Josh Rivera, Correspondent
On the evening of Tuesday, Dec. 11, Belton’s VFW Post 4008 was designated a Purple Heart Post by the Military Order of the Purple Heart. In attendance were Post Commander Gary Leofsky, Military Order of the Purple Heart State Commander Jon Lunkwicz and Chief of Staff-South Lazaro O. Camarillo, III, and the post members of Post 4008.
“The Purple Heart is the oldest military decoration which was initially created as the Badge of Military Merit by General George Washington in 1782, and is the oldest medal, military decoration still in use today,” said Lunkwicz during his opening statements. The Purple Heart is awarded in the name of the President of the United States to any Armed Forces member wounded or killed in action while serving under competent authority.
A VFW Post must first be nominated to the Military Order of the Purple Heart to begin the process of the designation. Typically, there should be at least one Purple Heart recipient in the Post’s membership. Once that is established, the designating Purple Heart Post sign is designed and produced, and members of the Order travel to hold the ceremony.
“They contacted me about a month ago and asked me if I would like to be considered for a Purple Heart Post, and I think it’s a great honor for all the veterans,” said Leofsky. “Just thank those veterans out there. If they want some place to go, then they’re welcome to come here. We’re here to support all veterans.”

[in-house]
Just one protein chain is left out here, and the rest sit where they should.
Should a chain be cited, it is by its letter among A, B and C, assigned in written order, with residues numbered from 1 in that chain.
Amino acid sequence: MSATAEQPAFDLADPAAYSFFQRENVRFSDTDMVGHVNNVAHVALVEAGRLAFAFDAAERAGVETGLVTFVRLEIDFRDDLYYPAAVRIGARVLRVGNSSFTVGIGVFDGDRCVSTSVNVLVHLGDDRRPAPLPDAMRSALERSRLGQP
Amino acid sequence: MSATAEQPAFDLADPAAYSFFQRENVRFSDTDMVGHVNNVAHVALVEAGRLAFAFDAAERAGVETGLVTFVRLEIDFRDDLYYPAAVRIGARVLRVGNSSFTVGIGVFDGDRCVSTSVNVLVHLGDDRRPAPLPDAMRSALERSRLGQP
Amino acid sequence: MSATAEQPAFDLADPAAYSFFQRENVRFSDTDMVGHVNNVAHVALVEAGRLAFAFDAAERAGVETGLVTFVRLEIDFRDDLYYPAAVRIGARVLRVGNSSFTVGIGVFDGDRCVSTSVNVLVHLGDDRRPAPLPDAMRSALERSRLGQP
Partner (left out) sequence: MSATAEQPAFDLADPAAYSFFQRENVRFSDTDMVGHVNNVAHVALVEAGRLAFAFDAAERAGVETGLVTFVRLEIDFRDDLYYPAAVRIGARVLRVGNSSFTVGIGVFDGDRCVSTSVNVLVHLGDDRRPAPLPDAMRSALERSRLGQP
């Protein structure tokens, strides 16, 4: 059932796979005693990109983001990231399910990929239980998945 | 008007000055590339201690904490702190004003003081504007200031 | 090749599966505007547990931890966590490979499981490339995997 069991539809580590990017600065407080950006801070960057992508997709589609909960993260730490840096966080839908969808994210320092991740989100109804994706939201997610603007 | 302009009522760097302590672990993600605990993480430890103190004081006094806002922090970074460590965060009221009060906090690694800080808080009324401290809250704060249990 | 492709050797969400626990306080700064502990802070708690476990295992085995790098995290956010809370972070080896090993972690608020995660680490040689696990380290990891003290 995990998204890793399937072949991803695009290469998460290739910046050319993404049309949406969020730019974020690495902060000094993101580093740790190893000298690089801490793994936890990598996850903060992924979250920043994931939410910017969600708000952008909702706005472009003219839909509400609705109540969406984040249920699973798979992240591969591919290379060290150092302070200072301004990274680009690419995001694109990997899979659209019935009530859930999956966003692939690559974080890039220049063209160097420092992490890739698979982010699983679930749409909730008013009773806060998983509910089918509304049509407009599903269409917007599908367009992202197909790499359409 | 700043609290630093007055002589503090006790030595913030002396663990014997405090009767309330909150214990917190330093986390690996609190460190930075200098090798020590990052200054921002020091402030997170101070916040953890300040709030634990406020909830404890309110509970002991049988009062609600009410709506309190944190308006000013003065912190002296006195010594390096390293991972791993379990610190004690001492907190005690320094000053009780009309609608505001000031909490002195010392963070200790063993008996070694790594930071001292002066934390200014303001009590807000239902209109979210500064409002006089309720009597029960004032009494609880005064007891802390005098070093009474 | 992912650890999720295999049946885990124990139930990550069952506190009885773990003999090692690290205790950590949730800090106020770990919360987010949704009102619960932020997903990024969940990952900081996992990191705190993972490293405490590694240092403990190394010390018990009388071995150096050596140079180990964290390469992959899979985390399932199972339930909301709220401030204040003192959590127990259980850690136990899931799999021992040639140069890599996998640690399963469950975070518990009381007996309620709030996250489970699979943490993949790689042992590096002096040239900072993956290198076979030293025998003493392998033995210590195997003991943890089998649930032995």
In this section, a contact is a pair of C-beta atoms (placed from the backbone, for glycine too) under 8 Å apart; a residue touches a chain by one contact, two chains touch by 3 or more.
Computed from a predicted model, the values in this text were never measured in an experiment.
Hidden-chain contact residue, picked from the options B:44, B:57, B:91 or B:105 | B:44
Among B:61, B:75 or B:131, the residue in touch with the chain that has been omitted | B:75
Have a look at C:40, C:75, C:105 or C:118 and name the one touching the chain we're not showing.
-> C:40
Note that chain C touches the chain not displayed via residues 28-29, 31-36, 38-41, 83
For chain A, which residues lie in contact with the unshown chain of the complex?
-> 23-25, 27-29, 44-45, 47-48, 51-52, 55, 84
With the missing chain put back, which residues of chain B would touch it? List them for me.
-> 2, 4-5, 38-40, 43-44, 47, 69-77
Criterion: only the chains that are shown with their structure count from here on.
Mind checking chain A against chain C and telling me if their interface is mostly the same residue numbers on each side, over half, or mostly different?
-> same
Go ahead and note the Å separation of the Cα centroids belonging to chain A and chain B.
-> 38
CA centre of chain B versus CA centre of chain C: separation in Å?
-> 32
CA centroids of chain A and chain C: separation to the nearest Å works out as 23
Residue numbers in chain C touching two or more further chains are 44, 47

“Our organization is comprised of military men and women who received the Purple Heart Medal for wounds suffered in combat,” said Lunkwicz. “It is especially an honor to recognize today, the outstanding members of VFW 4008 of Belton, Texas.”
“I’ve been in this Post here about 35 years. I’ve been a member of the VFW since 1976,” said Purple Heart recipient Linnie McCall. “I went in the army in April 1967. I landed in Vietnam on October 5, 1967. Around April the 25th of 1968 is when I was wounded in action.” McCall had an impressive and imposing wooden cane etched with the symbol of the Purple Heart, with the head of a bald eagle for the top.
“It’s just to let the public know that they are out there,” McCall said, reflecting on the ceremony. “We’re not looking for any big recognition, just awareness. Folks were wounded in action, no fault of their own. It was just a matter of wrong place, wrong time.”
“We serve a purpose, just like every other veterans’ organization out there,” McCall said. “We’re all fighting for our veterans and their benefits. It’s just an ongoing struggle.”